Chechnya is sandwiched between the northern slopes of the Caucasus mountain chain and the steppe and bordered by Georgia. It covers 15,000 square kilometres or 5,800 square miles.
1.2 million people before the 1994-96 war, including more than 450,000 ethnic Russians. The Chechens are part of the tiny Vainakh ethnic group, native to the Caucasus, and speak a unique language with no roots in any other tongue.
A recent Russian census found that the population was more than one million, but the result was met with scepticism given the large number of casualties in the war and outflow of refugees, including Russians. The Chechens have been mainly Muslim since the 18th century.
Grozny (meaning "threatening" in Russian), had a population of 450,000 before the first war, and 185,000 in 1996. In February 2000 Russian troops retook the ruined city following weeks of heavy bombardments.
Non-governmental organizations put the current population at less than half its original size, but official figures put the number in excess of 300,000.
Chechnya spearheaded resistance to Russia's colonisation of the Caucasus in the 18th and 19th centuries, and also against Moscow at the start of Soviet rule. Under the leadership of Imam Shamil, it put up fierce resistance from 1834 to 1859.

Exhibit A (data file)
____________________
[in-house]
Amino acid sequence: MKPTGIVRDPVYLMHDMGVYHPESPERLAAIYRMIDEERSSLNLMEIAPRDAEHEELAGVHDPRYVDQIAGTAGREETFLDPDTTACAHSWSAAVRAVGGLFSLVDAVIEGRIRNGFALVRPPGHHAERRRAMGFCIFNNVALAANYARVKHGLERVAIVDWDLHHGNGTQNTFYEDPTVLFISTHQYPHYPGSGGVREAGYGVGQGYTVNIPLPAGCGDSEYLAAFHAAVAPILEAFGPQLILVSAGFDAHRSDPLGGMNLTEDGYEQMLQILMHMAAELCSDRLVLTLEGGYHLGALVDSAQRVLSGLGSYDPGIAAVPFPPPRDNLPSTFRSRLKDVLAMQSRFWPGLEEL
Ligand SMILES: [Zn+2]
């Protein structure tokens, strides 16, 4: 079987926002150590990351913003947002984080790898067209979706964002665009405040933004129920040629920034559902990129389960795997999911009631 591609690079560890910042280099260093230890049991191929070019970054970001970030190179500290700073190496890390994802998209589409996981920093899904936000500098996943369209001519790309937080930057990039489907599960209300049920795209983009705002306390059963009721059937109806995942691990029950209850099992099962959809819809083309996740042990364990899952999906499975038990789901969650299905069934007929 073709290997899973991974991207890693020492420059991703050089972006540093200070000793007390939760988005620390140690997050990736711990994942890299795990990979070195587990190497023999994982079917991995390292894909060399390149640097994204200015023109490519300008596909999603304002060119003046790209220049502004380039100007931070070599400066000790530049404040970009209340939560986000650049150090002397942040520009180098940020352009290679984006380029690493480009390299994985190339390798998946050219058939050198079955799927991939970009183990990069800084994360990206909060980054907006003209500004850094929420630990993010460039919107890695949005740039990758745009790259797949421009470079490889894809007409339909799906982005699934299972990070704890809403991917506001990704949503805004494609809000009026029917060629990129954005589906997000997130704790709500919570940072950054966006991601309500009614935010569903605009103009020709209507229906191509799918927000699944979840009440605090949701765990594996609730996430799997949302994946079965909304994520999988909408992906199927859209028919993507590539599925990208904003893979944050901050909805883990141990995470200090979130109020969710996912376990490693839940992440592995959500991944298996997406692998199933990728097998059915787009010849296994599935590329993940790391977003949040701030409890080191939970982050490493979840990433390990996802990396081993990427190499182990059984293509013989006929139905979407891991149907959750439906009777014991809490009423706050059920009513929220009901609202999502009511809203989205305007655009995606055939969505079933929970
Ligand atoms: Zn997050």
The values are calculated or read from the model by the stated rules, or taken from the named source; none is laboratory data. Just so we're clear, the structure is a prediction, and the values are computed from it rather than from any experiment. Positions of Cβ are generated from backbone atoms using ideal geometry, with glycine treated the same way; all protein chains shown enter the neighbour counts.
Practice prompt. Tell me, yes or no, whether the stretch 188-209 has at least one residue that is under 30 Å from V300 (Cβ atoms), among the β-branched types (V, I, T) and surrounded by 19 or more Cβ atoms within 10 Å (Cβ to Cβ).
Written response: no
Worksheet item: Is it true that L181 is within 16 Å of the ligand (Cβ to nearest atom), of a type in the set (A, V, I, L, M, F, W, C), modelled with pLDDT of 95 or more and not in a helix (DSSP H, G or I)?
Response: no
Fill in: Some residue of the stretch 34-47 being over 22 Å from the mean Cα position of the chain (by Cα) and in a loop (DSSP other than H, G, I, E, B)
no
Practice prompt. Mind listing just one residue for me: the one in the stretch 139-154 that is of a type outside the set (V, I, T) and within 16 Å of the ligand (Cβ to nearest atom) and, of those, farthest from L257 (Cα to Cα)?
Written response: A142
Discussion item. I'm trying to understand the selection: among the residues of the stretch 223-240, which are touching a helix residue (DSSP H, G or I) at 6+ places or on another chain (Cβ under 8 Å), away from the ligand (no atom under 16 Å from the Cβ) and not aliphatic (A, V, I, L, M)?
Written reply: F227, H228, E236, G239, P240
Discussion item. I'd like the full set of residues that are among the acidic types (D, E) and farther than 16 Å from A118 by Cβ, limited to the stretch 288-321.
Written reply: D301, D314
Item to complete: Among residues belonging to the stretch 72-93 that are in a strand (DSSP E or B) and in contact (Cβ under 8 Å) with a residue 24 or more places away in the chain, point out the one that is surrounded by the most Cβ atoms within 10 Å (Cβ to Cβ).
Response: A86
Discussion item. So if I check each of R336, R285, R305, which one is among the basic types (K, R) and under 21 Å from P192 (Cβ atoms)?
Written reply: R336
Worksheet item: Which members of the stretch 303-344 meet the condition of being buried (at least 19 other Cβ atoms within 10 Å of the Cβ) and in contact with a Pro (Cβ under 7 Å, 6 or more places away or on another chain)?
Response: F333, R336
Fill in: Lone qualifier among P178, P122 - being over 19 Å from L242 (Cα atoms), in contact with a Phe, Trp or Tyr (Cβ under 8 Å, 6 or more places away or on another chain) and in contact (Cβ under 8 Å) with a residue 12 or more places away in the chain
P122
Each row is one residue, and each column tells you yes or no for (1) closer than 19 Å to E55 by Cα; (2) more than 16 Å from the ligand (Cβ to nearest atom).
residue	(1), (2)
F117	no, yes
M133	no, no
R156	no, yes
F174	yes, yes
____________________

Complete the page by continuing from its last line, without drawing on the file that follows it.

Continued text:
It was made an autonomous republic, jointly with Ingushetia, under Stalin in 1934.
In 1944 Stalin ordered all ethnic Chechens and Ingush, about 600,000 people, deported to Central Asia on the invented premise that they had collaborated with Nazi Germany. Some estimates say a third died even before reaching their destination. Survivors were allowed to return home in 1957 during the Khrushchev thaw.
Just before the collapse of the Soviet Union in 1991, Chechnya proclaimed independence and in 1992 separated from Ingushetia. Then Russian president Boris Yeltsin launched a military intervention in December 1994 which ended in 1996 with an accord that failed to address the region's final status. Aslan Maskhadov was elected president in January 1997 but was subsequently disavowed by Moscow.
A new conflict erupted in October 1999. In the two periods of conflict since the Soviet collapse about 100,000 civilians are estimated to have been killed.
In June 2000 President Vladimir Putin placed Chechnya under the control of a local administrator, former mufti Akhmad Kadyrov, who was assassinated on May 9, 2004. He was replaced by Alu Alkhanov who in turn was replaced by Kadyrov's son Ramzan in April 2007.
The republic has modest reserves of high quality oil that during the Soviet period was important for manufacturing aviation fuel. Grozny was also the location of a huge refinery, which Russian air and artillery strikes largely destroyed. Large engineering, concrete and canning factories were also destroyed, while the widespread use of landmines put a dent in once flourishing agriculture. Since the wars the economy has largely depended on black market oil refining.